by Pamela L. Russ, Maria J. Gonzalez-Moa, B. Christie Vu, Dina M. Sigano, James
A. Kelley, Christopher C. Lai, Jeffrey R. Deschamps, Stephen H. Hughes and Victor
E. Marquez in ChemMedChem 2009, 4 (8), 1354 -
Proceedings of the National Academy of Sciences
The lowest energy-binding conformation of an inhibitor bound to the dimeric interface
of HIV-1 integrase core domain. The yellow region represents a unique allosteric
binding site identified by affinity labeling and mass spectrometry and validated
through mutagenesis. This site can provide a potential platform for the rational
design of inhibitors selective for disruption of integrase multimerization. See:
Discovery of a small-molecule HIV-1 integrase inhibitor-binding site
by Laith Q. Al-Mawsawi, Valery Fikkert, Raveendra Dayam, Myriam Witvrouw, Terrence
R. Burke, Jr., Christoph H. Borchers and Nouri Neamati in PNAS 2006,
103 (26), 10080-10085.
Journal of Medicinal Chemistry
Interaction of the β-L-enantiomer of a 4'-C-ethynyl-2',3'-dideoxynucleoside analogue
(ent-14-TP) at the active site of HIV reverse transcriptase. See: A 4'-C-Ethynyl-2',3'-Dideoxynucleoside
Analogue Highlights the Role of the 3'-OH in Anti-HIV Active 4'-C-Ethynyl-2'-deoxy
Nucleosides by Maqbool A. Siddiqui, Stephen H. Hughes, Paul L.
Boyer, Hiroaki Mitsuya, Que N. Van, Clifford George, Stefan G. Sarafinanos, and
Victor E. Marquez in the Journal of Medicinal Chemistry 2004,
Nucleic Acids Research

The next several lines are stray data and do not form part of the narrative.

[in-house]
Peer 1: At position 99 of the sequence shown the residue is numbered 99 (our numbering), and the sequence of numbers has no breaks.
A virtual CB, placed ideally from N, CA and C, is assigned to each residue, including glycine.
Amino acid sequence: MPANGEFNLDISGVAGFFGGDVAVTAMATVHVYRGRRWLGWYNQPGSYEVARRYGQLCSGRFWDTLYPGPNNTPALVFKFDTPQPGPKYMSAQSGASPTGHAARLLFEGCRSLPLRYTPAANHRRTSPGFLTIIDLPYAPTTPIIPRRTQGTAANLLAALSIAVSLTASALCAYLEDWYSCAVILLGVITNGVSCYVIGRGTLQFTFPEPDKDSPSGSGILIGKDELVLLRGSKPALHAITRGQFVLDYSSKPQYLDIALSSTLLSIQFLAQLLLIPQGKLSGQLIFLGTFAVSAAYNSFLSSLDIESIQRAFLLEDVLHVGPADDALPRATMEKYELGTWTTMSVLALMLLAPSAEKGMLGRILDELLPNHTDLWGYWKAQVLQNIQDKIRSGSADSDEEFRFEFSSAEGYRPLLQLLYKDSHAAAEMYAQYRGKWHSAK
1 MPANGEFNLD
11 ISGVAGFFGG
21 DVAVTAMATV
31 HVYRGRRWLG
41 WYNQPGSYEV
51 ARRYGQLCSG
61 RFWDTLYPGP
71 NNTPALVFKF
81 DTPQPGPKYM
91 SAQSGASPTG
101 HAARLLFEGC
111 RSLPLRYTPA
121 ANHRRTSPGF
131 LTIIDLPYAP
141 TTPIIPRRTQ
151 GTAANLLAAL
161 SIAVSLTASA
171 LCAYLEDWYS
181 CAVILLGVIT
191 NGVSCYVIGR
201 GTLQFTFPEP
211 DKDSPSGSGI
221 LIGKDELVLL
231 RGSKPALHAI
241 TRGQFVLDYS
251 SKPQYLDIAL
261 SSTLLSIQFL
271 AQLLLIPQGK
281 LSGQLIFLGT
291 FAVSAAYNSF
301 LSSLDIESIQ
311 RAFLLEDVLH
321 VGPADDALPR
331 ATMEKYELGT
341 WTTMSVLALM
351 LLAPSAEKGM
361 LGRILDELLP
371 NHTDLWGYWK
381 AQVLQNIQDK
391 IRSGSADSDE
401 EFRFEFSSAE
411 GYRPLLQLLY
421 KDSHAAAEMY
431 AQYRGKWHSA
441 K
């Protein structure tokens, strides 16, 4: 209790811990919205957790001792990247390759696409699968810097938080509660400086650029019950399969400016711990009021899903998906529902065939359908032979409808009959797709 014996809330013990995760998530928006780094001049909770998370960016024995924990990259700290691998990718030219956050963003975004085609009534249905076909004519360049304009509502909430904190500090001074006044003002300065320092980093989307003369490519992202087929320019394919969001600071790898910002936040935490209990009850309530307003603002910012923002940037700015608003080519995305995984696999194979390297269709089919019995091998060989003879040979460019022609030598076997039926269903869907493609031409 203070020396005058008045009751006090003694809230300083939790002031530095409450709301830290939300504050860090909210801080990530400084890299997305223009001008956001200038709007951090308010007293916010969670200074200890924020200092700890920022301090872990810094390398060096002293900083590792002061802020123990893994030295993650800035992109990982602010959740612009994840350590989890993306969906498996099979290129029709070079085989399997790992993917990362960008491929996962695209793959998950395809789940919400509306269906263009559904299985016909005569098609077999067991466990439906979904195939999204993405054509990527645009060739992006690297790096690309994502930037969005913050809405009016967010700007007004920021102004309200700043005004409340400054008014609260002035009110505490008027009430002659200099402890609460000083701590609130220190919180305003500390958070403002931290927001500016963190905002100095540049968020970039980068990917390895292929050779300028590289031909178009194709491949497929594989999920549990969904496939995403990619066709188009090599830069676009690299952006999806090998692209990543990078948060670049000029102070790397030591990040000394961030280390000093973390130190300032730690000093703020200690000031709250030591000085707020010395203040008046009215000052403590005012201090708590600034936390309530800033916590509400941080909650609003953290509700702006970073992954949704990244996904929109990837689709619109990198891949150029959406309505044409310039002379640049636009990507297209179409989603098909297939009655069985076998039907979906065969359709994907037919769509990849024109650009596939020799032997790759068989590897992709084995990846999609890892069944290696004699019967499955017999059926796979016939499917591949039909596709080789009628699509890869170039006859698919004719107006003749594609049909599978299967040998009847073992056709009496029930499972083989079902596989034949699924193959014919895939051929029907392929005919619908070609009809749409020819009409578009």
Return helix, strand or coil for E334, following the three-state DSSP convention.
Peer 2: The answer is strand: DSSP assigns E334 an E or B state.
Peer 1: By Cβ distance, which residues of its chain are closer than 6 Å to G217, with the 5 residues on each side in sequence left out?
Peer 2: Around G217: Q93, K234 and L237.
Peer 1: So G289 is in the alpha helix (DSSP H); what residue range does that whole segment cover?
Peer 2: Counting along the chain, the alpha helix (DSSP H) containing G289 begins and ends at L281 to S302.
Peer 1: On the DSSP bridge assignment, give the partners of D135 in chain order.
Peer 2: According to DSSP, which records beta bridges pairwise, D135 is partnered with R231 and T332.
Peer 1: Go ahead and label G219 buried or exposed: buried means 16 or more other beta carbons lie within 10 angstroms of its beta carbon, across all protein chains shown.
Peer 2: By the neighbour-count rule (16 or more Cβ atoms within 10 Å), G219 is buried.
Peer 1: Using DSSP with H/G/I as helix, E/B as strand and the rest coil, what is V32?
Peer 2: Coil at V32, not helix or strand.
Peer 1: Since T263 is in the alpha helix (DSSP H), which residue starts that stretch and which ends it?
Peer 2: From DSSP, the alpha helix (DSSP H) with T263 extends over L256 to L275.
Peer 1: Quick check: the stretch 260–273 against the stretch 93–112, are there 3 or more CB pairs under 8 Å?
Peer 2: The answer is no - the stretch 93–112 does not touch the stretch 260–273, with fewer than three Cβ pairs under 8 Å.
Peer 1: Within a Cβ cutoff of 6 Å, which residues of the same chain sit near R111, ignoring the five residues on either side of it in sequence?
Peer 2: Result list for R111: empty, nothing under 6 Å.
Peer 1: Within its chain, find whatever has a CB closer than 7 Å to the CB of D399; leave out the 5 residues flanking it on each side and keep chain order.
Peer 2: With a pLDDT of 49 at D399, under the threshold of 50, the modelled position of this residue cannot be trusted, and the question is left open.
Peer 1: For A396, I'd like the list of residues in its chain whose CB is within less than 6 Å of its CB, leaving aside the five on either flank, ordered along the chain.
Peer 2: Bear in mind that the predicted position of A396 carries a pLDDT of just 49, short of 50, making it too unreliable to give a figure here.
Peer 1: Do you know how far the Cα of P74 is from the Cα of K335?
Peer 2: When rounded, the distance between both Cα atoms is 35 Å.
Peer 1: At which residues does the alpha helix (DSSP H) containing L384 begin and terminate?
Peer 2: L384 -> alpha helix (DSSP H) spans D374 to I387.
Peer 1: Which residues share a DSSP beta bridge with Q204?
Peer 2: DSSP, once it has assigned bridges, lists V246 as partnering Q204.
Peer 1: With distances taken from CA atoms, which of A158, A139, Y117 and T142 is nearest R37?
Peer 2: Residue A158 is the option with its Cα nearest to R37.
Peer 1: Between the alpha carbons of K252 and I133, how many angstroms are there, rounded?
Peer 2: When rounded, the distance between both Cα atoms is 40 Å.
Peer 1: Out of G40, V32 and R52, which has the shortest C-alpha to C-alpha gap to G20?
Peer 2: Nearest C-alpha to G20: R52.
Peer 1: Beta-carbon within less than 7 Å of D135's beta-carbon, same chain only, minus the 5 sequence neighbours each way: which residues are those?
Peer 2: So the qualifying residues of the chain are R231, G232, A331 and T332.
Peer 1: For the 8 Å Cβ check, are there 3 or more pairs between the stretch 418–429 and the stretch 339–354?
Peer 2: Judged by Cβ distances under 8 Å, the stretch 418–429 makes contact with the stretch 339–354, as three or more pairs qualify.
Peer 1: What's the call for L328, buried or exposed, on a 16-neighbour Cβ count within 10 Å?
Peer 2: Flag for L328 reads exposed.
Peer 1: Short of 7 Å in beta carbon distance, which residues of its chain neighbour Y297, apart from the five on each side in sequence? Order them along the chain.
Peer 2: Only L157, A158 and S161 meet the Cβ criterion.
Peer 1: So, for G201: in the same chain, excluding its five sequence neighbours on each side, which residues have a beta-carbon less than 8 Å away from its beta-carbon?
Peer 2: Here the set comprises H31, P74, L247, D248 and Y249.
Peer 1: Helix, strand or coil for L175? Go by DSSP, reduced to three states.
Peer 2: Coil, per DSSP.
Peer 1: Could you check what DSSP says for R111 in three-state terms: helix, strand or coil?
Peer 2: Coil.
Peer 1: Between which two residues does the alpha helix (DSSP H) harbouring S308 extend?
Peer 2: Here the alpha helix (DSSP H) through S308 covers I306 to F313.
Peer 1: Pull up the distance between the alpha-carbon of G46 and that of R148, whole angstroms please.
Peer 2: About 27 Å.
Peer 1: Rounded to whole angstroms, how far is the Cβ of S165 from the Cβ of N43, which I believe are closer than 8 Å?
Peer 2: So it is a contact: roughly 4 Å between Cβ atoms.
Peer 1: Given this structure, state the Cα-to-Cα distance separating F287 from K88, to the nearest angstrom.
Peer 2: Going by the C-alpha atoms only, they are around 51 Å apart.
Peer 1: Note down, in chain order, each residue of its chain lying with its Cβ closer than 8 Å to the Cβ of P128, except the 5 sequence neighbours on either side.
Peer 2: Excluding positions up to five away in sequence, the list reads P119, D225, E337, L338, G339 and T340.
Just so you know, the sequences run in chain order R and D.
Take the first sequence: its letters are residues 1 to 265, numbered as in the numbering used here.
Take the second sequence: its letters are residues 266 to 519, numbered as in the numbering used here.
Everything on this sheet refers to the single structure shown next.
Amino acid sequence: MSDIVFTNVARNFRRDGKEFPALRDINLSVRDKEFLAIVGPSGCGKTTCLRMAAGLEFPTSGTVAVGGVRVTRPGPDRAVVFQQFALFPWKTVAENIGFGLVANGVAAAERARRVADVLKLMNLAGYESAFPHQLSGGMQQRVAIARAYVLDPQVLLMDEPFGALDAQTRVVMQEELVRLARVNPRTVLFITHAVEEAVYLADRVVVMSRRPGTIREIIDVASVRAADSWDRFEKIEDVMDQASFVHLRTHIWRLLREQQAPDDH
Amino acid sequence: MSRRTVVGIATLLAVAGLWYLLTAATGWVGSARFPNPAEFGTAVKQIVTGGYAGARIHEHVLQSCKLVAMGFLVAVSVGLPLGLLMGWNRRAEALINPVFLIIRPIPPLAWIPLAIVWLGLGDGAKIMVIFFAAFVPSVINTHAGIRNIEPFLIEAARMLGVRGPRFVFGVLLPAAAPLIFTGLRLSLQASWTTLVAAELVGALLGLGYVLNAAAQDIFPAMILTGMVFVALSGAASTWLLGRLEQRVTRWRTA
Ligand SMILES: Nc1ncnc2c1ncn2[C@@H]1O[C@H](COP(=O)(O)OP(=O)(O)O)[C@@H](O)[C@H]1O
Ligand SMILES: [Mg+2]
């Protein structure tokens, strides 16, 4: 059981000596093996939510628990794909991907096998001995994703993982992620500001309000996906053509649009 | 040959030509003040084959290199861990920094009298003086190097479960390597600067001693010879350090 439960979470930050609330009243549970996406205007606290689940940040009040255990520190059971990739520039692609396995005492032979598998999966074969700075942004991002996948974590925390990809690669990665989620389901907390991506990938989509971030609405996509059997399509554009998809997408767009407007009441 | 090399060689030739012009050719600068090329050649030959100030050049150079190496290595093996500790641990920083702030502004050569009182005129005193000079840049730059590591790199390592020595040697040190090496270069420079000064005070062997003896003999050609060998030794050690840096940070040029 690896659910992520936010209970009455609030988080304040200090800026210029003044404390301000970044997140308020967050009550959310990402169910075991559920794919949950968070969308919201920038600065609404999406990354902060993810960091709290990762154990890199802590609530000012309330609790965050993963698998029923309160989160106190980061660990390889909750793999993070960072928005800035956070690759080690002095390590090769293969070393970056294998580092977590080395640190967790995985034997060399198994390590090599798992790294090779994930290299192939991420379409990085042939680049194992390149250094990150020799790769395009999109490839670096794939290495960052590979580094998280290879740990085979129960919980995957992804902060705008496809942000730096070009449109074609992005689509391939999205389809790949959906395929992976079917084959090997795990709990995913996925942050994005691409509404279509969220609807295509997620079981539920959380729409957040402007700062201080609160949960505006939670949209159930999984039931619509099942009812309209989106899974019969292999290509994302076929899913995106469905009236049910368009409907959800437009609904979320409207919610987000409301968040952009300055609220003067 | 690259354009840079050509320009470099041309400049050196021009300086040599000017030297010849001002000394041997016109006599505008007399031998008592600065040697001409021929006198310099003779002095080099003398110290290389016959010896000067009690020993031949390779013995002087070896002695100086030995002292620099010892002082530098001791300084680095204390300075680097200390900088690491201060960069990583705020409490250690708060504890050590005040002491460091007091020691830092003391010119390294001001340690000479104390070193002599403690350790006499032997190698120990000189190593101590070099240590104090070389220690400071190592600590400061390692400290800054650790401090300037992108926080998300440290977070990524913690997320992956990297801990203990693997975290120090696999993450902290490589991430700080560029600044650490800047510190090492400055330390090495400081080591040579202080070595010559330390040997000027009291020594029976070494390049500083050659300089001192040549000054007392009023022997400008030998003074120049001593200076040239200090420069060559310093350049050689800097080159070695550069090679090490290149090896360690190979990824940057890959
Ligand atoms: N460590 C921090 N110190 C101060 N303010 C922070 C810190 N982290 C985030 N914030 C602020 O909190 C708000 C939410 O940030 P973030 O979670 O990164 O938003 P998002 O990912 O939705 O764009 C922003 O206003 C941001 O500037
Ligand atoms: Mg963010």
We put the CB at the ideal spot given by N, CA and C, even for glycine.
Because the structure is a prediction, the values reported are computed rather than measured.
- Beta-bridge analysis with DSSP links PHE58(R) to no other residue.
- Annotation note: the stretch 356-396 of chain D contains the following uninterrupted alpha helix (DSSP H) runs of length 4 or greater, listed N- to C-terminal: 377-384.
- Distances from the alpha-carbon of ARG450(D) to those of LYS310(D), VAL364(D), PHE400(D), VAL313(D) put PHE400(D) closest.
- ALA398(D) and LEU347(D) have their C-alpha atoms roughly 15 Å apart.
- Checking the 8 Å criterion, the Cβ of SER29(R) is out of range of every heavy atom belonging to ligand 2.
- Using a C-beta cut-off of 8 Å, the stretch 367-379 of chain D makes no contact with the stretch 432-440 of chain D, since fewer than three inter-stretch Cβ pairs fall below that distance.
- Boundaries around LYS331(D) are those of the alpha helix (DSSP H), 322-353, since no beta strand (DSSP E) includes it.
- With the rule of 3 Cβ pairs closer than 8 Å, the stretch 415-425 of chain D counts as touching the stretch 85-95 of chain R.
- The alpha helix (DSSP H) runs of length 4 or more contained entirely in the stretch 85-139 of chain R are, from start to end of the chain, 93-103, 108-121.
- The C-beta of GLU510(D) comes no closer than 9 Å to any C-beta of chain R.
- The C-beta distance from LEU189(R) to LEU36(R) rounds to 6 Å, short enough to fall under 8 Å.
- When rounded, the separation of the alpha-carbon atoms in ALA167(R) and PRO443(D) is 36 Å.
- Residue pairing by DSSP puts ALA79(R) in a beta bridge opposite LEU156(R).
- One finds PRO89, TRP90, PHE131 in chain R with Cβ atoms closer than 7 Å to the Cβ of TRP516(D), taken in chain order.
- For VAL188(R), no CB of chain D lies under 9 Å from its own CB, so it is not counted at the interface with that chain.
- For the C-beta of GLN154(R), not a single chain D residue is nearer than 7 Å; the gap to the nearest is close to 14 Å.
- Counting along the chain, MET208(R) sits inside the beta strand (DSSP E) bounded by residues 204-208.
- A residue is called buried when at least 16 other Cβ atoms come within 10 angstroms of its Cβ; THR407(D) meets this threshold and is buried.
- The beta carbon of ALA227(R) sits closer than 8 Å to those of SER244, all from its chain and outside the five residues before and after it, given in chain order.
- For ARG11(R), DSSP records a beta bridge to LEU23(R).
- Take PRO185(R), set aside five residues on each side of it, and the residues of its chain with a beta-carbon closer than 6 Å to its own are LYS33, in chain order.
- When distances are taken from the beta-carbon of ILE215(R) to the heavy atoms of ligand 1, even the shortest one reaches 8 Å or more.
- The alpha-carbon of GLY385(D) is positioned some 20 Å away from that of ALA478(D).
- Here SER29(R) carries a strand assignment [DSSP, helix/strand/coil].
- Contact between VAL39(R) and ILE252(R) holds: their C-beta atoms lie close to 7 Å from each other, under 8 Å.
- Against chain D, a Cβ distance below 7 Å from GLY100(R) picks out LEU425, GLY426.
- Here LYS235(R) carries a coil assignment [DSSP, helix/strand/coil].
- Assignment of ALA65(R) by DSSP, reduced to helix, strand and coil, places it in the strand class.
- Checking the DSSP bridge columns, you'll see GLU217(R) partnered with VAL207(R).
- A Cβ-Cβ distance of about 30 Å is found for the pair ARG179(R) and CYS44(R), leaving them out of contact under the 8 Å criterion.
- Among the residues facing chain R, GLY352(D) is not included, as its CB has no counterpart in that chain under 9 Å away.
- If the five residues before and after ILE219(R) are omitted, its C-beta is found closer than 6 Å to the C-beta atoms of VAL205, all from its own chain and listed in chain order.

HHAI methyltransferase (blue ribbon) bound to oligonucleotide (strands with bonds
colored yellow and green) containing a pseudorotationally constrained sugar analogue
at the target position (orange bonds with cyan atoms). The south-constrained pseudosugar
is rotated about its flanking phosphodiester bonds, 90° from its initial position
in B-form DNA, but short of a completely flipped position with 180° rotation. Thus,
it is trapped in the middle of the flipping pathway via the major groove side. This
structure provides clues to DNA-protein interactions in a potential transition state.
See: Caught in the act: visualization of an intermediate in the DNA base-flipping
pathway induced by HhaI methyltransferase by John R. Horton, Gary
Ratner, Nilesh K. Banavali, Niu Huang, Yongseok Choi, Martin A. Maier, Victor E.
Marquez, Alexander D. MacKerell Jr and Xiaodong Cheng in Nucleic Acids Res.
2004, 32 (13), 3877–3886.
The scheme depicts a possible mechanism of cross-linking by erbstatin and related
analogues. A mechanism of action is proposed which involves initial oxidation to
reactive quinone intermediates that subsequently cross-link protein nucleophiles
via multiple 1,4-Michael-type additions. Similar alkylation of protein by protein-tyrosine
kinase inhibitors, such as herbimycin A, has been invoked. See: Cell protein
cross-linking by erbstatin and related compounds by Caroline Stanwell,
Bin Ye, Stuart H Yuspa and Terrence R Burke Jr. in Biochemical Pharmacology
1996, 52 (3), 475-480.